So where does that leave us now? I'm grieving. We're grieving, and I think that's a process. Still trying to understand what our life will look like. Actually, I think that is my biggest flaw.  Looking too far ahead. I've been worried about canes, braille, school, and teaching her to walk. Her eyes will always be a little googly, but we're pretty confident she's some light so that's really positive!  The last few days have been the lowest for me, though. All those numb days caught up with me and it wasn't pretty, but it felt good. Real life of cleaning, grocery shopping, toddler tantrums, and trying to decide how to navigate this diagnosis is complicated.  I've described to my close friends and family the way I've been feeling the past few months--like walking up to my neck in thick mud with no sign of it clearing. Our trials are not even close to resolved, but I'm trying so hard to keep moving.  Moving towards Heavenly Father, knowing he is the only one who can help our family.  I have seen incredible miracles throughout all of this; too many to count!  I've had long meaningful chats with friends about why trials are so diffucult.  We've sat and cried about our fears and then circled around to how lucky we are too.

I've thought back to how I felt in her post op room that day and I think I'm coming out of that dark spot.  Life is hard, and it's meant to be.  Maybe that's the greatest lesson I've learned the past six months.  I'm honestly trying to embrace life's challenges, and doing it with genuine happiness.  I hope to be able to learn what I'm supposed to from Winnie and Capri.  I always worry about protecting them from pain.  Hurt feelings or hurt bodies.  I think that's natural to want to shield your children from the hard stuff.  I wish we could scoop up our girls and run away to an island and set up shop, but I'm trying to change my parenting strategy in that respect.  My job is not to teach them to run from pain or feel sorry for themselves.  I'm here to equip them with tools to deal with anything negative that happens in their lives.  It's going to happen, and it's ok when it does!  I want them to learn through their trials to be empathetic.  I want them to be kind to others who are struggling, to be kind even when someone isn't kind first, and slow to take offense.  I think they both will have a neat point of view on that.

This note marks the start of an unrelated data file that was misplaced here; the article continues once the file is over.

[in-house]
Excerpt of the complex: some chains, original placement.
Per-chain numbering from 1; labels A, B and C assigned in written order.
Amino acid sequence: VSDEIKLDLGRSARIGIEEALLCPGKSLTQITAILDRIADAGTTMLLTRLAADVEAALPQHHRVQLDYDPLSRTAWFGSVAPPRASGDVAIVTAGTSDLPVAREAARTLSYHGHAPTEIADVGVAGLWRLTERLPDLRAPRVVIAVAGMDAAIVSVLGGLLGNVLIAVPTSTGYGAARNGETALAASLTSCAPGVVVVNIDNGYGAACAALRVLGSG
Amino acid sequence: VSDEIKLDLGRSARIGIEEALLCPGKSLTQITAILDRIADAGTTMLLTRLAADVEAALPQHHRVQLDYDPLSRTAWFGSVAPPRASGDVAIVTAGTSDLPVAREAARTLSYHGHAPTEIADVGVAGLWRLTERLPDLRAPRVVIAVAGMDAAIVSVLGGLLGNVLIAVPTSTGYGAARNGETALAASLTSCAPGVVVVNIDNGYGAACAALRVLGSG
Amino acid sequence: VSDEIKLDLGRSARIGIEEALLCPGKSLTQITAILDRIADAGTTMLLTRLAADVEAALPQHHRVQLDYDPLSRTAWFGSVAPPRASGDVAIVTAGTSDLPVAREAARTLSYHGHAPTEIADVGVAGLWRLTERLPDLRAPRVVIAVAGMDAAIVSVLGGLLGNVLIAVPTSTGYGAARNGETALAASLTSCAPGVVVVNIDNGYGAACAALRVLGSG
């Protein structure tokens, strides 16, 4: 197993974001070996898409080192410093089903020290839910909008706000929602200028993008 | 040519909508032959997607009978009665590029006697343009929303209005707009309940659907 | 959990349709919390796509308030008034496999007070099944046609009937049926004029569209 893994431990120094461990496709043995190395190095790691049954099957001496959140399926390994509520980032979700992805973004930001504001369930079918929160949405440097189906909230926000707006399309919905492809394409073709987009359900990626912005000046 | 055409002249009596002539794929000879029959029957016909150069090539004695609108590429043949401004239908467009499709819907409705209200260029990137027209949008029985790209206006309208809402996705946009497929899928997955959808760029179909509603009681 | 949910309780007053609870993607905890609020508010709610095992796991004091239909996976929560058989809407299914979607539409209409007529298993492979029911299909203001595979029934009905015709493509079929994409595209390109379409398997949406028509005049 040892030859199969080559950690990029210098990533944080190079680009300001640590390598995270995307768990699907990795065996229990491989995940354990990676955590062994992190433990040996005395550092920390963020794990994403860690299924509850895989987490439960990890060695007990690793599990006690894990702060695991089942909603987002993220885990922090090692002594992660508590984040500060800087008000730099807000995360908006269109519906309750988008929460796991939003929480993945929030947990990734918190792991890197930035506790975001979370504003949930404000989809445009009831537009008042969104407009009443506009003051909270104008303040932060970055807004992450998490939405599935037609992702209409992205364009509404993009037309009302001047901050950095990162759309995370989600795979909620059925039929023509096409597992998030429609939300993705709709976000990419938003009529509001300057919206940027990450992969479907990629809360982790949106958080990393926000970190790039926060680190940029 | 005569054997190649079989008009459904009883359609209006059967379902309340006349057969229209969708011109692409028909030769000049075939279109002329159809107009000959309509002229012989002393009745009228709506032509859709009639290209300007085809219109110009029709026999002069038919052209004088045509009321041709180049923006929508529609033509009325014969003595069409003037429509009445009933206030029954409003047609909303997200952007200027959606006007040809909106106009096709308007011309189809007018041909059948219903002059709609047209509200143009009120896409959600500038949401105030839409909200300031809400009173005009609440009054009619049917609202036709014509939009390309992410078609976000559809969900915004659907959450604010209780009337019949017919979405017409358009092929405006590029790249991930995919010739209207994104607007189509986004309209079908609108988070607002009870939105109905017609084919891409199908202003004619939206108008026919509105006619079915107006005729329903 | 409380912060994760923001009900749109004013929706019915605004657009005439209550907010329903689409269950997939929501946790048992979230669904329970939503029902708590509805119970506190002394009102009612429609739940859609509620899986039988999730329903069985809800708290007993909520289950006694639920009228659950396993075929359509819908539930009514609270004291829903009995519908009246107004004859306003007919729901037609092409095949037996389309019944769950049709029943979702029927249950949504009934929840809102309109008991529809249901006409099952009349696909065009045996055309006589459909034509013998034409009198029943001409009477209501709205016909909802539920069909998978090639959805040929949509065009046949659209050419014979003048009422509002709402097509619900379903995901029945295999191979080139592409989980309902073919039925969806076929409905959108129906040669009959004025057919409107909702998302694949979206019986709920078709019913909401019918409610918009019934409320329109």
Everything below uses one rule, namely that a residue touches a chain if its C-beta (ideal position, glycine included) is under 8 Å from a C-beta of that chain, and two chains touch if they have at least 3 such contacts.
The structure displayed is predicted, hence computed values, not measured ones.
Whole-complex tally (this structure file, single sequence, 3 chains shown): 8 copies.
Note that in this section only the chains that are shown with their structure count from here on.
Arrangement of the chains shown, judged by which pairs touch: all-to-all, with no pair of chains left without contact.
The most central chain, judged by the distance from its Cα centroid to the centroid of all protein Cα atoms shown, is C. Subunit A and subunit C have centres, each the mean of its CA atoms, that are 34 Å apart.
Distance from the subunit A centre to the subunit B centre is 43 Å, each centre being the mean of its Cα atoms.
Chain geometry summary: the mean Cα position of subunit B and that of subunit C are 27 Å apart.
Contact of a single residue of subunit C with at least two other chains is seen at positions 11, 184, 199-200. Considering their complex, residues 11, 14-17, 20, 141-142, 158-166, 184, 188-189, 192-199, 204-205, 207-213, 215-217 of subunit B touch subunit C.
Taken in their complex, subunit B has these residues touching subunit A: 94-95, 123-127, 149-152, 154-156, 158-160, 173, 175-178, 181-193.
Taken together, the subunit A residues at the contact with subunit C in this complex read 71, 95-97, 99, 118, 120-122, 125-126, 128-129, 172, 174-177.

The next step, medically, is to get her blood drawn for her genetic testing when we get back to Arizona. It's important for kids with Lebers to know their genetic mutation. There are about 20+ that have been discovered. Gene therapy is a big up and coming thing that could be used to significantly help "cure" the symptoms of Lebers. So depending on which mutation she has there could be some clinical trials we could get matched up with. I feel like that is a few years out, so we'll see! Another thing we need to do is get involved with the center for the deaf and blind. We need to arrange a home visit and see what they recommend for helping her crawl, walk, etc. The main thing I think we (I) need is access to the support groups there. It's pretty surreal and I have a hard time admitting I need to meet with support groups for all of this, but it's major part of accepting her diagnosis.